Sunday, October 07, 2007

Passing the buck

Last month I was chosen to attend a "town hall" meeting at work. It was a chance to meet our new CEO, to find out the company's official corporate goals (executive summary: global domination), and to voice our questions and concerns.

Several employees voiced concerns about our terrible benefits package. We work for a ginormous health insurance conglomerate, and yet we get shafted by the insurance policies written by our own employer. It makes me sad when I have to quote benefits to a member whose plan is more reasonable than my own.

Our new CEO said that they are aware of employees' dissatisfaction with the benefits and that they were diligently working on something better in preparation for open enrollment season.

Well, open enrollment season is upon us, and guess what? Our benefit package is even worse. Mrs. Gerbil and I will see up to a 10% increase in our premiums, our already stratospheric deductible, some prescription co-pays, and our out-of-pocket maximum. The official reason for the increase is that it reflects "rising healthcare costs."

Now, I may be a cynic, but I happen to believe that a major factor in rising healthcare costs is insurance companies. Yes, they want to protect their profit margins. But think about it: advances in healthcare technology (including medicines, laboratory tests, and procedures) don't come without a price tag. Yet providers must accept very low reimbursement rates in order to participate in managed care networks. For example, I recently had standard prenatal bloodwork and (on account of my Ashkenazic heritage) some genetic testing. The lab charged my insurance company over $1000, but because they are a network provider, they'll be paid only about $300. Sucks to be them. But it also sucks to be the rest of us, because if the lab pressures the insurance company for a higher reimbursement rate, the insurance company will pass the increased cost along to the employers who buy their packages... who will then pass it along to employees in the form of higher premiums and/or crappier coverage.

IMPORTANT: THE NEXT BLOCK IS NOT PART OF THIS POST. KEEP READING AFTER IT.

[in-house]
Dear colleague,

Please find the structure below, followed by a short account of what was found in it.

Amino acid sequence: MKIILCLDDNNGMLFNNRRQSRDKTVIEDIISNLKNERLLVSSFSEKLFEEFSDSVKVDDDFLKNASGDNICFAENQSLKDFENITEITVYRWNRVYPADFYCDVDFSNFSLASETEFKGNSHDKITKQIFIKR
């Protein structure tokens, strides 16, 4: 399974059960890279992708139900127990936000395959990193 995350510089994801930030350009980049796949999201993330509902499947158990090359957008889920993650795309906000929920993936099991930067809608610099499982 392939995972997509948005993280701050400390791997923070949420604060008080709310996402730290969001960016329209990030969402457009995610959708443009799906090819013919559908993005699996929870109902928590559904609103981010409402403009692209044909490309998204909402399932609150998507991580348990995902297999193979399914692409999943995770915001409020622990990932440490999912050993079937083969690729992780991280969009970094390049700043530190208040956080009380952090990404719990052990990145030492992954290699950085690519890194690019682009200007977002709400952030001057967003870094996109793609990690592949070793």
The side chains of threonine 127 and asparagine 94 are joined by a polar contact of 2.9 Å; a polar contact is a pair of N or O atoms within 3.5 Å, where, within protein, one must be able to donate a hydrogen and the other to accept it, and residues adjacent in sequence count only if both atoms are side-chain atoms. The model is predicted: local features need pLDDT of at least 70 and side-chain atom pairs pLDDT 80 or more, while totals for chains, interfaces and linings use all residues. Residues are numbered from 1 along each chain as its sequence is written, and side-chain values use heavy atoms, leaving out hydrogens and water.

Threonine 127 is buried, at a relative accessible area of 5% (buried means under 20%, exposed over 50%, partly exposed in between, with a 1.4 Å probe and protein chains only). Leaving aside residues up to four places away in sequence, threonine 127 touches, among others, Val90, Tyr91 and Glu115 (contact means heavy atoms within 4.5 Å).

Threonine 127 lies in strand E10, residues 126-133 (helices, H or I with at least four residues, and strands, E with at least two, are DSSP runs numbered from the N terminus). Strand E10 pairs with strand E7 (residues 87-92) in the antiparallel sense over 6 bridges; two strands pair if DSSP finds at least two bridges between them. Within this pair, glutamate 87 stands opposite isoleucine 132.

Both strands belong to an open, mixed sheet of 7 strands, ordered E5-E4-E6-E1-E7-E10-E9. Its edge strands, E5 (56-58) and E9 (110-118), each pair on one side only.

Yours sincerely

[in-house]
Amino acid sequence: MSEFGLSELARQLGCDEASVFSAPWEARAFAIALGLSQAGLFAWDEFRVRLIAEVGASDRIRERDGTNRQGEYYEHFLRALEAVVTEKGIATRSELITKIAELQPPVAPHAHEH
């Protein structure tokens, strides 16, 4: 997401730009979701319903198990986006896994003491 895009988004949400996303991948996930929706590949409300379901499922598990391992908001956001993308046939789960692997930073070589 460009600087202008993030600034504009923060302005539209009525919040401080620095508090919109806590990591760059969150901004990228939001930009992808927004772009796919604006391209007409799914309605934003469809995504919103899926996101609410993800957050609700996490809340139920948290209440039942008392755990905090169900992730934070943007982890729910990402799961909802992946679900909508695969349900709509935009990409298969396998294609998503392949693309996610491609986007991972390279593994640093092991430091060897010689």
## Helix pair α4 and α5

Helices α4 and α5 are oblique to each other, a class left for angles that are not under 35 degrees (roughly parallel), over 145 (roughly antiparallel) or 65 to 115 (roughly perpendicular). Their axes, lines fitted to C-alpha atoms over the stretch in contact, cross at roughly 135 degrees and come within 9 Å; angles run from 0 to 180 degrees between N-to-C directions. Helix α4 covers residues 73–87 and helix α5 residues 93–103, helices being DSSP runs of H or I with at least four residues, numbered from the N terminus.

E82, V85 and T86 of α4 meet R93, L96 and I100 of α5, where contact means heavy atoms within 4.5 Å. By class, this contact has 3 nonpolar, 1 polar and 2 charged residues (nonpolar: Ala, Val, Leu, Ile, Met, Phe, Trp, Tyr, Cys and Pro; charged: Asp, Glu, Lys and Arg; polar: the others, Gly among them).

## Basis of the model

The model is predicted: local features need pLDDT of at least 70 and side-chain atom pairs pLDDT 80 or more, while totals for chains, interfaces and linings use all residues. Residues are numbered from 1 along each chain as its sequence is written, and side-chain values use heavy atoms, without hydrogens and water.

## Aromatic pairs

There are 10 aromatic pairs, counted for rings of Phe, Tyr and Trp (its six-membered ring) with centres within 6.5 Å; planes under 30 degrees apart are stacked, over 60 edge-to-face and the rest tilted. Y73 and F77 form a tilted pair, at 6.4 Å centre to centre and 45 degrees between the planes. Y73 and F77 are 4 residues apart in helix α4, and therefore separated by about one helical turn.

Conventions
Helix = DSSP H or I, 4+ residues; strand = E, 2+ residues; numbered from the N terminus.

There are, of course, other explanations for rising healthcare costs. This article from the Annals of Internal Medicine does a good job of outlining them. But in the end, I still think that the industry which currently pays our bills has created a fantastically self-perpetuating cycle of cost increases. So I'm all for socialized medicine--even if it means I'd have to find another job.

(Oh, and in case you were wondering: all that expensive labwork came back normal. Go little developing gerb!)

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